The same concept applies to hazardous materials responses in the highway transportation context in that the highway transportation tank trailers we are most likely to encounter are what we refer to as the ’06 series of tank trailers — the older MC (Motor Carrier) 306 and more modern DOT (Department of Transportation) 406 series of trailers. We should be familiar with the characteristics of such ’06 series trailers so we have a solid working knowledge of them prior to encountering an emergency situation.
The ’06 series tank trailers are truly the workhorses of highway hauling, as they are mainly used to transport the flammable and combustible liquids that power our cars, trucks, airplanes and other modes of transportation — products such as gasoline, diesel fuel, ethanol, jet fuel, etc. This reliance on the ’06 series of tankers is shown by the statistical evidence that of the highway transportation tankers we encounter in hazmat incidents, 57 percent are ’06 series vessels. Such trailers are technically termed “non-pressure” trailers, however that title is actually a misnomer as MC 306 trailers have a working pressure of three pounds per square inch and DOT 406 trailers four pounds per square inch. While four psi of pressure sounds very minimal, it actually can be hazardous to responders in that four psi acting on the surface area of a dome lid can be substantial if opened incorrectly.
Let us now turn our focus to the characteristics of an ’06 series tank trailer that can be helpful in identifying the vessel and can add to our knowledge that can be used in the field. The ’06 series trailers are elliptical in cross section, with the extreme edges of the tank projecting to a point even with the outside edges of the trailer tires. A mounted ladder at the front or rear of the trailer leads to a walkway containing dome lids for accessing the interior area of the trailer. The raised area surrounding the walkway serves as overturn protection for the dome covers and also contains the vapor return lines that allow the transfer of vapor to equalize pressure when loading or unloading product and preclude the venting of vapor into the atmosphere. Such trailers normally contain multiple chambers for the hauling of product, however responders may occasionally encounter a single-chamber vessel.
A solid bulkhead, or a double bulkhead in which two bulkheads are separated by a void space may separate chambers. The ’06 series trailers are usually constructed of aluminum in a single-shell configuration and have an approximate capacity of 9,000 gallons. The detailed information regarding the trailer specifications can be found on the specification plate, which is a metal plate affixed to the lower side of the trailer.
The ’06 series trailers also have safety features that serve to prevent overfilling of the compartments. An electronic system — often referred to as a “Scully System” — is connected to the trailer at the fill terminal. Optical liquid level sensors will then shut the flow of product off prior to reaching critical levels. Additional measures include visual level indicators in each compartment consisting of a threaded rod with washers located at three levels, each of which corresponds to the gallonage markings stenciled on the side of the overturn protection adjacent to each dome lid.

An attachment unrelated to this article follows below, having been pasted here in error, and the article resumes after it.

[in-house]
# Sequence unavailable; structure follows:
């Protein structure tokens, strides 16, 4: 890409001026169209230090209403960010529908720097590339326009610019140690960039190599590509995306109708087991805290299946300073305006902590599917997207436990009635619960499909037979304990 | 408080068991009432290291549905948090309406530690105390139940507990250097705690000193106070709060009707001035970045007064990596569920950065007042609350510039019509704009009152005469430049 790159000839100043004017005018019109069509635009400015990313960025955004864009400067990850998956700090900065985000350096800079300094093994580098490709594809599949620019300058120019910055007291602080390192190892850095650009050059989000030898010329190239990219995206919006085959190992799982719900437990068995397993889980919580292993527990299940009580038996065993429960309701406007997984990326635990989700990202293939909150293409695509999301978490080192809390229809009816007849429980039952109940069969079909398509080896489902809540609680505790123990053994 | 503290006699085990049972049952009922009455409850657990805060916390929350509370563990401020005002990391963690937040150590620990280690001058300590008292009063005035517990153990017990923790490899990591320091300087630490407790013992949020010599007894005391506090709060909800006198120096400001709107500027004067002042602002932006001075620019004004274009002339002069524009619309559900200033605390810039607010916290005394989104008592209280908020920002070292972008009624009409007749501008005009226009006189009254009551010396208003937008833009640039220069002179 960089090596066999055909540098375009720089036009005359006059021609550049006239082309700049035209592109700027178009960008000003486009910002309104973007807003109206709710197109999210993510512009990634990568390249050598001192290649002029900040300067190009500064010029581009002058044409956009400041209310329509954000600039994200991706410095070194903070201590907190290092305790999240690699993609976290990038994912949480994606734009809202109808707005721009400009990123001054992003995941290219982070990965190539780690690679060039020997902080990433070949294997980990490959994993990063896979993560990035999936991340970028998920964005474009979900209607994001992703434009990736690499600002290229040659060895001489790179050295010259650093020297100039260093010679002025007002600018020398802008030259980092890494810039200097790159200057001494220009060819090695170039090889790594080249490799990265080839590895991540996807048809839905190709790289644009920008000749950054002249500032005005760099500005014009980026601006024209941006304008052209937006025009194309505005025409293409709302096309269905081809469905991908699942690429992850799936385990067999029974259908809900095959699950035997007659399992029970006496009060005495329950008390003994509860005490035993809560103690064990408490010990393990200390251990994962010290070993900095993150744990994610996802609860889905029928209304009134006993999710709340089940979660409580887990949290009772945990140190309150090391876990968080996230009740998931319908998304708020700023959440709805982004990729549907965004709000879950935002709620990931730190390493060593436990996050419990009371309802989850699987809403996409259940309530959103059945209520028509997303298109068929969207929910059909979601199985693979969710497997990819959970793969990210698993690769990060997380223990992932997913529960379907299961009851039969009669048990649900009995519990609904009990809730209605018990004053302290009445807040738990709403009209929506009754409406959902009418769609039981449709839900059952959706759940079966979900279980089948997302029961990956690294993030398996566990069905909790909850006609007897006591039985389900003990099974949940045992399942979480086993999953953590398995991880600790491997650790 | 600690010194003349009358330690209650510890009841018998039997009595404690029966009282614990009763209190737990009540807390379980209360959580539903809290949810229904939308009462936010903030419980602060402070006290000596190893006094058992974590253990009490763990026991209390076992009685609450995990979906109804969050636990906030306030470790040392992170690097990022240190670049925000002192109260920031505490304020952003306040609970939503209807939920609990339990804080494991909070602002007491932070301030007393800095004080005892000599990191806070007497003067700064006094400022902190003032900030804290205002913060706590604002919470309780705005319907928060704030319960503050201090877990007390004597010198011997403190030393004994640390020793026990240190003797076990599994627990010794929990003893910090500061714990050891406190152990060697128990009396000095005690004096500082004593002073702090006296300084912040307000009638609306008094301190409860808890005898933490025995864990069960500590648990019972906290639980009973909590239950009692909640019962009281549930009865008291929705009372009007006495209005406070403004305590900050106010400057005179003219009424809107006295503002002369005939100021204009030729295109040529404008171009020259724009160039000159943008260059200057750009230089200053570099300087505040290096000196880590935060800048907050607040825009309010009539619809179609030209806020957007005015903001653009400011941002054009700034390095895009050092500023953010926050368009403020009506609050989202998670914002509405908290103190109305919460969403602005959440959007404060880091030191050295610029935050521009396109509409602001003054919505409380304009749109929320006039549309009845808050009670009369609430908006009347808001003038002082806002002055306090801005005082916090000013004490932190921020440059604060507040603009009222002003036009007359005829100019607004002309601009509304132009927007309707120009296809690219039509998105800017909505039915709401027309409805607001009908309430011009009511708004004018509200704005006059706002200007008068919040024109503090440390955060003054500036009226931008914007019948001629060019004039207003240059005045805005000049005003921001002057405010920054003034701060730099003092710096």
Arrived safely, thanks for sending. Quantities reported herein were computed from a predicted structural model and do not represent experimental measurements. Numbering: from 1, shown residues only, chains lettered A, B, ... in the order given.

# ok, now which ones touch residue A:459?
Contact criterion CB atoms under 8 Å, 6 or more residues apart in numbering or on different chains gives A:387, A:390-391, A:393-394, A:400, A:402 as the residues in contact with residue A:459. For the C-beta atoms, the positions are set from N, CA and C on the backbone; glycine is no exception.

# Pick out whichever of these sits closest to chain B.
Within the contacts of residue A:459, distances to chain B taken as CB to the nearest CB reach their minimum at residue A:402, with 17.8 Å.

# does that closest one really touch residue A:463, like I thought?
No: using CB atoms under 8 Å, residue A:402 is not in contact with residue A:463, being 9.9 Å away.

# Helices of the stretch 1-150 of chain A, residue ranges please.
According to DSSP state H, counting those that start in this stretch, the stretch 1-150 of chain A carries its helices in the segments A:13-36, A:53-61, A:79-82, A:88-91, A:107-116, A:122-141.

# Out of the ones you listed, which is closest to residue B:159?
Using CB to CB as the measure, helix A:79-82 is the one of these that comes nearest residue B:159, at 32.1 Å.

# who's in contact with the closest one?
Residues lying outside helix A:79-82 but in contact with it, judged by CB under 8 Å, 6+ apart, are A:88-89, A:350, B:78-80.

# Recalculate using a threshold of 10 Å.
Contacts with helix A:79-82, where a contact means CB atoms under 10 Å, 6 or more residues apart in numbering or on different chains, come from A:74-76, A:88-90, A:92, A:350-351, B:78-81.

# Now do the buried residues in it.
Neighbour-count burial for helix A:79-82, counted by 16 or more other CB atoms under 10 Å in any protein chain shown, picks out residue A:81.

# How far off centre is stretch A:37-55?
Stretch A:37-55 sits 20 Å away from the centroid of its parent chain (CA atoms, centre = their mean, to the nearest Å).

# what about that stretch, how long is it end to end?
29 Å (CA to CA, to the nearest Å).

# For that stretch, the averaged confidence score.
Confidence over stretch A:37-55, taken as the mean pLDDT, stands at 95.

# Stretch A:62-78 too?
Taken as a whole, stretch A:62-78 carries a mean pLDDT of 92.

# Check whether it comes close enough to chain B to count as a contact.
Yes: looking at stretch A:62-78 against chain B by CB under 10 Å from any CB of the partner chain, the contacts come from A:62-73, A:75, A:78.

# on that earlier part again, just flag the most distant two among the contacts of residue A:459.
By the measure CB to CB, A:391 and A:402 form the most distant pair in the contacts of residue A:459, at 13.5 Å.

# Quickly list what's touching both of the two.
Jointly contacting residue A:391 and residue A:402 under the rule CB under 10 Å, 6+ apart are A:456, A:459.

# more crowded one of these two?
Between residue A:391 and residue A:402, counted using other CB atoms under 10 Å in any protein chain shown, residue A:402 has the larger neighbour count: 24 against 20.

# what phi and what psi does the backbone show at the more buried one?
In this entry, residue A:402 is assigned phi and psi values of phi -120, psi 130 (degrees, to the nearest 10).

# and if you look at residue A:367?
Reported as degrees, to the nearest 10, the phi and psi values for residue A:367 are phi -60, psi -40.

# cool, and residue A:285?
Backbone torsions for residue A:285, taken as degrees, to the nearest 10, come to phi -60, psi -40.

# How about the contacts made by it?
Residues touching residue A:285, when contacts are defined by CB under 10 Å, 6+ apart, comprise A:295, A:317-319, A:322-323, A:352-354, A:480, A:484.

Each compartment on an ’06 series trailer is equipped with two valves to lend redundancy to the system. An internal main valve is held closed by spring pressure and is opened by cable tension (older trailers) or air pressure (newer trailers). The main valves are operated by levers or pneumatic valves located in a control compartment — usually located on the right side of the trailer. When the compartment door is opened, a plunger is released that bleeds the air pressure from the trailer brake system to prevent the driver from moving the trailer and opens up the vapor vent system. Closing the door normally forces the main operating lever closed on a cable operated system or closes the main pneumatic valve on an air-operated system, thereby closing any open main valves. The internal valves themselves also have a groove machined into the valve body at the point at which the valve projects from the underside of the chamber to allow the exposed portion of the valve and the attached piping to break away in the event a vehicle under-rides the trailer. On ’06 series trailers carrying flammable liquids with cable actuated main valves, fusible links are incorporated into the system to initiate a valve closure if a fire occurs. Airline fittings that will melt when exposed to flame serve the same purpose on pneumatic systems.
The secondary portion of the valve system is located on the intake and discharge lines located underneath the trailer in the form of lever-operated valves. To discharge product, the operator first pulls a pin and raises a hinged bar that obstructs the intakes/discharges when in the down position. Doing so bleeds the air pressure from the trailer brakes to “lock the trailer down.” Discharge hoses are connected to the outlets if gravity off-loading or to a tractor-mounted pump if off-loading product in that manner. The internal valves are then opened, followed by the external valves to allow the product to flow into the receiving tank.